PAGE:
Bristol City FC stadium row costs 'unacceptable'
- 18 October 2012
- From the section Bristol
Costs of a legal battle over a 30,000-seater football stadium in Bristol have been described as "unacceptable".
Bristol City FC wants to build at Ashton Vale but some residents applied for the area to become a town green.
The town green inquiry, a subsequent judicial review and an attempt to mediate over the row cost Bristol City Council more than £234,000.
Graham Sims, the council's chief executive, said they were faced with "rising costs and legal stalemates".
"Clearly the costs to the local taxpayer of this long-running and tortuous legal wrangling over the Ashton Vale Town and Village Green application are unacceptable," Mr Sim added.
If the land was registered as a town green under planning legislation, it would block any future development at Ashton Vale - including the proposed stadium.
The figures were revealed following a Freedom of Information request by the BBC.
The original town green inquiry had recommended that Ashton Vale become a town green but the council went against this advice.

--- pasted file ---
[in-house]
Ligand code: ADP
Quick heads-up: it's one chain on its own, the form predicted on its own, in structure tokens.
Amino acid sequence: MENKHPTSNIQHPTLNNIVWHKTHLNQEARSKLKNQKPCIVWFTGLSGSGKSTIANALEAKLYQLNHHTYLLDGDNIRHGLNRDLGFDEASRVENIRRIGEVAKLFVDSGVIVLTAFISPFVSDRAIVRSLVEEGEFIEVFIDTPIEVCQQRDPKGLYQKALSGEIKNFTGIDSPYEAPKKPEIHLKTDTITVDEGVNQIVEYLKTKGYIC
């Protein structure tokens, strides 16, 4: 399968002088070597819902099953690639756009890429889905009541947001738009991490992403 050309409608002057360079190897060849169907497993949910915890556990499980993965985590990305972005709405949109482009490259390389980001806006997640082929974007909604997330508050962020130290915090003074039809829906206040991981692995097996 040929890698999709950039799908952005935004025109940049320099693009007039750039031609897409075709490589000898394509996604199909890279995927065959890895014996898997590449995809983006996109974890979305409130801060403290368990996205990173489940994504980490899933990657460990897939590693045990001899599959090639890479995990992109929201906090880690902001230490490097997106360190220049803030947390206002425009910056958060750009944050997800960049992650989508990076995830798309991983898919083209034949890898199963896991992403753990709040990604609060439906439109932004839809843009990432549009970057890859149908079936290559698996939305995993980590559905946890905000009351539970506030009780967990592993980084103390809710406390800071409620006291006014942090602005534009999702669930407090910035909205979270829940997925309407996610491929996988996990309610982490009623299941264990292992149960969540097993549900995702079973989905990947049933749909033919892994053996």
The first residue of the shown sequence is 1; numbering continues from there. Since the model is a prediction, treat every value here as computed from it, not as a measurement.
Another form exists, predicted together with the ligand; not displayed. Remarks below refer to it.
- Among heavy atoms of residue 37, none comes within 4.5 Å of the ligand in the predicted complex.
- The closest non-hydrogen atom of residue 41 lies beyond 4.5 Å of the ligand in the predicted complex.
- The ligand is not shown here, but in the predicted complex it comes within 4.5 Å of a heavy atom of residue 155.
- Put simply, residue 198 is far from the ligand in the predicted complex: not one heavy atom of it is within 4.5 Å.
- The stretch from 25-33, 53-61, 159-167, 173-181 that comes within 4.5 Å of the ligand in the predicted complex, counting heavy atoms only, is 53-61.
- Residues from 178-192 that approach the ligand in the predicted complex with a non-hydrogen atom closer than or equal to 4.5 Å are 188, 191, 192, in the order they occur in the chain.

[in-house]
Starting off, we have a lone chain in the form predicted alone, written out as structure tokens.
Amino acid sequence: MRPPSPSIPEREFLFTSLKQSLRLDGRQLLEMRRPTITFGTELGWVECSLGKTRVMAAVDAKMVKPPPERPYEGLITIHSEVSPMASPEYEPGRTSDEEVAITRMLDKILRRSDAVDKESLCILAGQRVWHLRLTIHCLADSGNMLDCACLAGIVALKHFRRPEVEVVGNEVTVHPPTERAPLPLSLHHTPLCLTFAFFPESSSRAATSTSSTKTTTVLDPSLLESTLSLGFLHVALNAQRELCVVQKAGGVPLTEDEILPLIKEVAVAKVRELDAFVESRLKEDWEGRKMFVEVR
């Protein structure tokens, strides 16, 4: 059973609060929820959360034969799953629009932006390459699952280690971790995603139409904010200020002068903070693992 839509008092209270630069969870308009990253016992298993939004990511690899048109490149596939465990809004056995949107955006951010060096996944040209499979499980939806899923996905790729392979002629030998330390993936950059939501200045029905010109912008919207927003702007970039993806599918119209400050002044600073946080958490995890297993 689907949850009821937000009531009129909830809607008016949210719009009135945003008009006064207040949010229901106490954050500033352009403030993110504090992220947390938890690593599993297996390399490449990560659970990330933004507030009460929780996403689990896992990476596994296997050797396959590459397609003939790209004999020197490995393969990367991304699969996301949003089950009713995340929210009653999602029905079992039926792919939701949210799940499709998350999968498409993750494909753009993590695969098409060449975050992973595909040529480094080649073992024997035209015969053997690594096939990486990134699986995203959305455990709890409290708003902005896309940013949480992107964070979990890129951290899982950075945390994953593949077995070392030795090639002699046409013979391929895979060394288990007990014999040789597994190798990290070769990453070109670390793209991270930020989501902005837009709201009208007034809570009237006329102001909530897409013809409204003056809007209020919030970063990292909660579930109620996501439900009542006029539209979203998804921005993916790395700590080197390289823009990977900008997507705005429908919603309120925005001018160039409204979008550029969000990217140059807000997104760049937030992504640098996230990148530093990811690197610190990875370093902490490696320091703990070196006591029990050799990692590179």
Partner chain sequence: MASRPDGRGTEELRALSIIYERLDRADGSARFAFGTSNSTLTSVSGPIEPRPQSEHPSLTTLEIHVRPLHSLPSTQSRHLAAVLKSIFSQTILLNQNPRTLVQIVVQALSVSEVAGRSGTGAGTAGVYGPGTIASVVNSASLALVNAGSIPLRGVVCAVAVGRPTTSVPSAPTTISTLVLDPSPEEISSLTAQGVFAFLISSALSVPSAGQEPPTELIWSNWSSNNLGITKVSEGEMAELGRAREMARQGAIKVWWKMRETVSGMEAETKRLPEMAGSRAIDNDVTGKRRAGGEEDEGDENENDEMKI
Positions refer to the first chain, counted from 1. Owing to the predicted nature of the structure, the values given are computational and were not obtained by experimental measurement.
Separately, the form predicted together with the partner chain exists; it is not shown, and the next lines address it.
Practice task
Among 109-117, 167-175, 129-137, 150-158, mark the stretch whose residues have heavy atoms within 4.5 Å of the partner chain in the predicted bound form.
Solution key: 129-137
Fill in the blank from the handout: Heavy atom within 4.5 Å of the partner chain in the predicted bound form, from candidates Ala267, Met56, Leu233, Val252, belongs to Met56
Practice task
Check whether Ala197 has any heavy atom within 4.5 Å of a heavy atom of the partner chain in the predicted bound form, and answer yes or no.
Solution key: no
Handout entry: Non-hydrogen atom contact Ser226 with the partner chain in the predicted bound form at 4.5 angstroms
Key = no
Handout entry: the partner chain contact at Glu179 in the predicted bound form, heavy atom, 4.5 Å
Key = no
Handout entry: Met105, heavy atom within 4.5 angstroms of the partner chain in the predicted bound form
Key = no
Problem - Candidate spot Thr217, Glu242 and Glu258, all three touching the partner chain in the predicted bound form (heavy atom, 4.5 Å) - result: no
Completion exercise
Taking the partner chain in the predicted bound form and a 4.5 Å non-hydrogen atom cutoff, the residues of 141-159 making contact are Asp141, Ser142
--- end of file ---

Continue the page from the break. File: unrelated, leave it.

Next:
It registered part of the land as a town green but the area where the stadium would be built was not registered paving the way for it to be built.
This sparked a judicial review which the council eventually withdrew from saying it could offer no legal defence to its decision.
A second planning inquiry is due to take place in 2013.
Much of the money spent during the inquiry was on legal costs - including almost £35,000 hiring planning inspector Ross Crail.
The council also spent £28,658 on legal advice from several lawyers over the case.
Another big cost was for litigation with the lawyers for the residents opposing the stadium totalling £58,196.
Mediation costs between the two parties came to almost £57,000.
A member of the Save Ashton Vale Environment group claimed had the council accepted the original recommendation from the planning inspector the cost would have been £35,000.
"We agree the amount spent on attempting to avoid the correct decision is unacceptable," the group added.